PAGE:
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Can You Calculate a Healthy Weight?

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You may be familiar with the BMI or body mass index. It is that chart you may have seen that tells you if your weight matches your height as healthy. Different from simply stepping on your bathroom scale, which calculates only total weight, the BMI is supposed to give you an idea of how much fat you’re carrying around. It is found by multiplying weight by 700 and dividing the answer by height in inches then dividing that result, again,  by height in inches toreach a number which corresponds to a chart listing ranges telling you if you are underweight, overweight, or obese. The World Health Organization considers a BMI of 18.5 to 24.9 to be a healthy reading.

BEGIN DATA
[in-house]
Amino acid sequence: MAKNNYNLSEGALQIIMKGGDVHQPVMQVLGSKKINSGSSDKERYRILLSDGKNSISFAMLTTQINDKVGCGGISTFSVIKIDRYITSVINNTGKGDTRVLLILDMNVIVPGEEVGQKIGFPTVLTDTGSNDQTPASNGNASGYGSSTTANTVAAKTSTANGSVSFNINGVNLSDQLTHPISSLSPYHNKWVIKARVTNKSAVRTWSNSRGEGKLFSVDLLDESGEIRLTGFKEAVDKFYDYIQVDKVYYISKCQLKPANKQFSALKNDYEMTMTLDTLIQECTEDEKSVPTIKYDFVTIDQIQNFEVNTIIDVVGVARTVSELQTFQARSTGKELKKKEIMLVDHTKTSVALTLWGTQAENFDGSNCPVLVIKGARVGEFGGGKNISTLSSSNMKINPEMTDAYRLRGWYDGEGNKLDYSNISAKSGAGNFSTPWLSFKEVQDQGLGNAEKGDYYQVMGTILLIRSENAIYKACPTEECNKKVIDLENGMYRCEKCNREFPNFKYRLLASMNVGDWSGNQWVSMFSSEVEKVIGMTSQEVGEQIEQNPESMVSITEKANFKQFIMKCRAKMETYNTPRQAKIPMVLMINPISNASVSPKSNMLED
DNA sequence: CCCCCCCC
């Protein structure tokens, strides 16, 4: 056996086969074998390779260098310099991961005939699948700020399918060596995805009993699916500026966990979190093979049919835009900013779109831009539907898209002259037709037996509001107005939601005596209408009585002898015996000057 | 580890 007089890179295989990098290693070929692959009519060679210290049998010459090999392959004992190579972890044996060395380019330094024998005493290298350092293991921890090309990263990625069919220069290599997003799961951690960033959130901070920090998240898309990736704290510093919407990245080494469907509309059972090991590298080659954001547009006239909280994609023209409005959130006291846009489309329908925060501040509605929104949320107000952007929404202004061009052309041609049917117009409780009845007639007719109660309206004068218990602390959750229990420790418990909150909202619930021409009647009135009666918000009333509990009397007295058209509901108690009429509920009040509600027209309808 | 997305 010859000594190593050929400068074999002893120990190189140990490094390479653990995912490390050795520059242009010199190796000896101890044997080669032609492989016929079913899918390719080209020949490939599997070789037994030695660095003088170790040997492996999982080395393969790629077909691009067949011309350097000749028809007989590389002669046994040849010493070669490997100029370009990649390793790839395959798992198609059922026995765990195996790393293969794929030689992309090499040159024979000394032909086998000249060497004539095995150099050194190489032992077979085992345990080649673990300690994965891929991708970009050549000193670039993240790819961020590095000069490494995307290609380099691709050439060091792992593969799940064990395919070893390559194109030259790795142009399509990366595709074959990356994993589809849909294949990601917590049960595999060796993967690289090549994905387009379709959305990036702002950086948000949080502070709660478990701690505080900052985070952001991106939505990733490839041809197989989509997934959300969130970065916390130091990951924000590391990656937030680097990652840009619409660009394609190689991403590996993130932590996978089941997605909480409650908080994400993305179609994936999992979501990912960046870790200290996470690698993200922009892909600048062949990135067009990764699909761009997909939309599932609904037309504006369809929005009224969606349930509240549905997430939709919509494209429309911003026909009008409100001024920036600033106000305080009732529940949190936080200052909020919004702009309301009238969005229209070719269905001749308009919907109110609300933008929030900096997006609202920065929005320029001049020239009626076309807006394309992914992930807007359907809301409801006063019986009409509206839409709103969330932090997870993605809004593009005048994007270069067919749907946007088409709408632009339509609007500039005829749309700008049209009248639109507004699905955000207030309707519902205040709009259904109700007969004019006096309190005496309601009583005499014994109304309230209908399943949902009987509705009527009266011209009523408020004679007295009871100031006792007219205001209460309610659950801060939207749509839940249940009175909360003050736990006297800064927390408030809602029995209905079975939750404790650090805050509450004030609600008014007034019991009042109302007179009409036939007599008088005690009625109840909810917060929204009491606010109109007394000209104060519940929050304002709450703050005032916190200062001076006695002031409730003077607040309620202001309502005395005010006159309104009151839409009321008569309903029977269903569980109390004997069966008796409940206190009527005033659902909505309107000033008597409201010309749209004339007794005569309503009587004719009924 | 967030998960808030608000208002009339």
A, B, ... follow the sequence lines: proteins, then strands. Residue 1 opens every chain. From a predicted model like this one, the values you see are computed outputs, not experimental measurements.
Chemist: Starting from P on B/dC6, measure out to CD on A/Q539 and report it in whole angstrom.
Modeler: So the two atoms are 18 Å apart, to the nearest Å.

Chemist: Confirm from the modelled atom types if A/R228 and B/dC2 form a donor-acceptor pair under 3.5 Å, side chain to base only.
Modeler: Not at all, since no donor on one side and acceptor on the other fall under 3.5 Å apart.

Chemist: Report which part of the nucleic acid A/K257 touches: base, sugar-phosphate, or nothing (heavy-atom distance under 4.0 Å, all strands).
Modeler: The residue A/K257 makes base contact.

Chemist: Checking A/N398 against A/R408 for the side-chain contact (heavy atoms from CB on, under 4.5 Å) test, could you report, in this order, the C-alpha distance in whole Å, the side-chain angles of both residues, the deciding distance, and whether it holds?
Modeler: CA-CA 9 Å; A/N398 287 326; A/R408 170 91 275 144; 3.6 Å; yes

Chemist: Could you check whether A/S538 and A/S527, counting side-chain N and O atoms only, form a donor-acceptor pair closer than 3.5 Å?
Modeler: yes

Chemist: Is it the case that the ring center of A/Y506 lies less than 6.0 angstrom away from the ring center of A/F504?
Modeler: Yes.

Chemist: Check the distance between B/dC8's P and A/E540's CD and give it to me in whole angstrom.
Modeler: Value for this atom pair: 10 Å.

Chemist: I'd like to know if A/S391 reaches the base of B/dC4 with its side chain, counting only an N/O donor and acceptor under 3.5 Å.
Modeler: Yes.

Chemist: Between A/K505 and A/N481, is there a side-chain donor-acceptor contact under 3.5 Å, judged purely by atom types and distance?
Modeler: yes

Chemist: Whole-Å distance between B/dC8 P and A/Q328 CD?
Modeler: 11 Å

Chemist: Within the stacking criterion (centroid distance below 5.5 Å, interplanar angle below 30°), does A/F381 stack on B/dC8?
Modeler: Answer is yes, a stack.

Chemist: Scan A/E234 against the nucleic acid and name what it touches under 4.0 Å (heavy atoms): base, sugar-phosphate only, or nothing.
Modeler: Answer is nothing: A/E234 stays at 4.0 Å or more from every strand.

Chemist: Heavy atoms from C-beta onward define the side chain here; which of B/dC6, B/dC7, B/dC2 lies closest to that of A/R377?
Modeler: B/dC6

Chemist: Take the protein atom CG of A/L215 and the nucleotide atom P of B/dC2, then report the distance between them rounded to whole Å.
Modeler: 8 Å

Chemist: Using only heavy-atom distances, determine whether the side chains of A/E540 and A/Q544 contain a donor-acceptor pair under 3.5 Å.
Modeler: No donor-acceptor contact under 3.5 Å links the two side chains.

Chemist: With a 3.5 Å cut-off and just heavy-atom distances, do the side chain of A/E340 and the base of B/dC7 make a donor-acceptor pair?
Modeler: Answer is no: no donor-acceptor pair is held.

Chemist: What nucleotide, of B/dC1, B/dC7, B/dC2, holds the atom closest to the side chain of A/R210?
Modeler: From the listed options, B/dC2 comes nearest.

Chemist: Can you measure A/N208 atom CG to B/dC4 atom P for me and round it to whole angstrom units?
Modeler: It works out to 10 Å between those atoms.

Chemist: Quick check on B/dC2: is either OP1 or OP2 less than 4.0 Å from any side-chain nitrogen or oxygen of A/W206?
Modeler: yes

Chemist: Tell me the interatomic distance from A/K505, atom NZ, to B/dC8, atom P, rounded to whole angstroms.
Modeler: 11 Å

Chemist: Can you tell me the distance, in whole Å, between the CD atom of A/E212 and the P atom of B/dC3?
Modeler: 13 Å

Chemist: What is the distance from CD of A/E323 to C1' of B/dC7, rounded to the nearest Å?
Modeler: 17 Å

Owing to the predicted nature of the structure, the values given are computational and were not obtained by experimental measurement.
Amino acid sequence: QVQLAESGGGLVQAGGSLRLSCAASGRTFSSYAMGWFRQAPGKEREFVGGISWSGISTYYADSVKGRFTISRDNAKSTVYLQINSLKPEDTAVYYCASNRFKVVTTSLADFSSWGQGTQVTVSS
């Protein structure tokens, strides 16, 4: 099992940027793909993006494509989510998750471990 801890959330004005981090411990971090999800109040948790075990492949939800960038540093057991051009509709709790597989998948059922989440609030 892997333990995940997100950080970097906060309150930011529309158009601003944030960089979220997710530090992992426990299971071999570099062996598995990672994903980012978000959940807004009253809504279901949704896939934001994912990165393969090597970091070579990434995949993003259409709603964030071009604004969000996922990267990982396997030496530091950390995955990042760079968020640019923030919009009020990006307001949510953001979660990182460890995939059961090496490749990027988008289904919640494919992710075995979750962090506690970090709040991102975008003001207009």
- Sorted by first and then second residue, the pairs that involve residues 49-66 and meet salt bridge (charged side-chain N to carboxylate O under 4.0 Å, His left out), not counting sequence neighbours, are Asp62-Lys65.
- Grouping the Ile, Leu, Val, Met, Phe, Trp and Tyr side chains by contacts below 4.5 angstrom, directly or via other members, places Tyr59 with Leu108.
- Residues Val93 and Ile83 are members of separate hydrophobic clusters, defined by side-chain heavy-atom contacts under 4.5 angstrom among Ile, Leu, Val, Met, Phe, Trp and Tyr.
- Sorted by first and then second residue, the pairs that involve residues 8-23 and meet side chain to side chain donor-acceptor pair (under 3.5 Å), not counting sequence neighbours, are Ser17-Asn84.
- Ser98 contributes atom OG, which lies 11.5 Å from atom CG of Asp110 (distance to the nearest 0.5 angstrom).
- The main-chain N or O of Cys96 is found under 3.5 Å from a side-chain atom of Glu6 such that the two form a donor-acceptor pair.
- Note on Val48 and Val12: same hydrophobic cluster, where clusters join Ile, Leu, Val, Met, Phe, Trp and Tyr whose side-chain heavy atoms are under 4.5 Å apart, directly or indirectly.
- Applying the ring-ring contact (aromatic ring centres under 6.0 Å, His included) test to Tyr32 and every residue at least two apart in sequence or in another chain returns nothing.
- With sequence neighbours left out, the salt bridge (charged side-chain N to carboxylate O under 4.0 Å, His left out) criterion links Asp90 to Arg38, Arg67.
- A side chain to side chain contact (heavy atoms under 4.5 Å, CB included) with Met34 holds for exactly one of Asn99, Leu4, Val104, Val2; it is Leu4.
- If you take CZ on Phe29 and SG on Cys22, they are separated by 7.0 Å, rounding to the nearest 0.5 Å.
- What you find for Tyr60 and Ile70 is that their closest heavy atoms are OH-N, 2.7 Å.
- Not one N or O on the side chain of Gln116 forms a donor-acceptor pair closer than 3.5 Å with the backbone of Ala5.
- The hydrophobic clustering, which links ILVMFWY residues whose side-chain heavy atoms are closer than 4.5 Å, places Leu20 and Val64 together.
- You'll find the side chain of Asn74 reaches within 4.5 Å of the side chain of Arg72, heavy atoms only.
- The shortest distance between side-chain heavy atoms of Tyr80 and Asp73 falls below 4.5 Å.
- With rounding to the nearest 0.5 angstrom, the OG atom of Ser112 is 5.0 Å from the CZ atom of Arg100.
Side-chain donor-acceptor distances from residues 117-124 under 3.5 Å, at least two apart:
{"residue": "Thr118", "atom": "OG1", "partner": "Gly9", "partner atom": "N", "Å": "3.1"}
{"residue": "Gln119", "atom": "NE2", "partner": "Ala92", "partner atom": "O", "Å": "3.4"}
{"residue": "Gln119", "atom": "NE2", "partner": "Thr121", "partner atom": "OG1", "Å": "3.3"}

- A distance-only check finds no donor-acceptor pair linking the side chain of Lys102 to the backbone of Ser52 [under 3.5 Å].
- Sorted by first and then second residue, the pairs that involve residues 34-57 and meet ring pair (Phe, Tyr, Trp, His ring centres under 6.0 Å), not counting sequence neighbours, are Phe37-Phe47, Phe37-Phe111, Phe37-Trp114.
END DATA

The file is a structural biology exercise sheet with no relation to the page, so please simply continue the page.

Doctors have been known to use the BMI as a starting point for determining health, so you might assume it is the standard for fat measurement.  The formula was created by a Belgium statistician, Adolphe Quetelet, in the mid 1800s. His work, generally, focused on what characterized the average man. While considered groundbreaking, the BMI is really limited as it cannot differentiate lean weight from fat; a big problem. Since muscle weighs more than fat, when using the BMI a stocky athlete would probably be categorized as overweight or obese. If Jay Cutler (bodybuilding’s Mr Olymipa 2010) were to enter his height (5 feet 9 inches, or 175 cm) and weight (270 pounds, or 122 kg) into a BMI calculator, his BMI reading would be around 40 — seriously obese. But while Cutler typically eats about 6,500 calories of food a day, he is very lean and typically enters competition with low single-digit fat levels.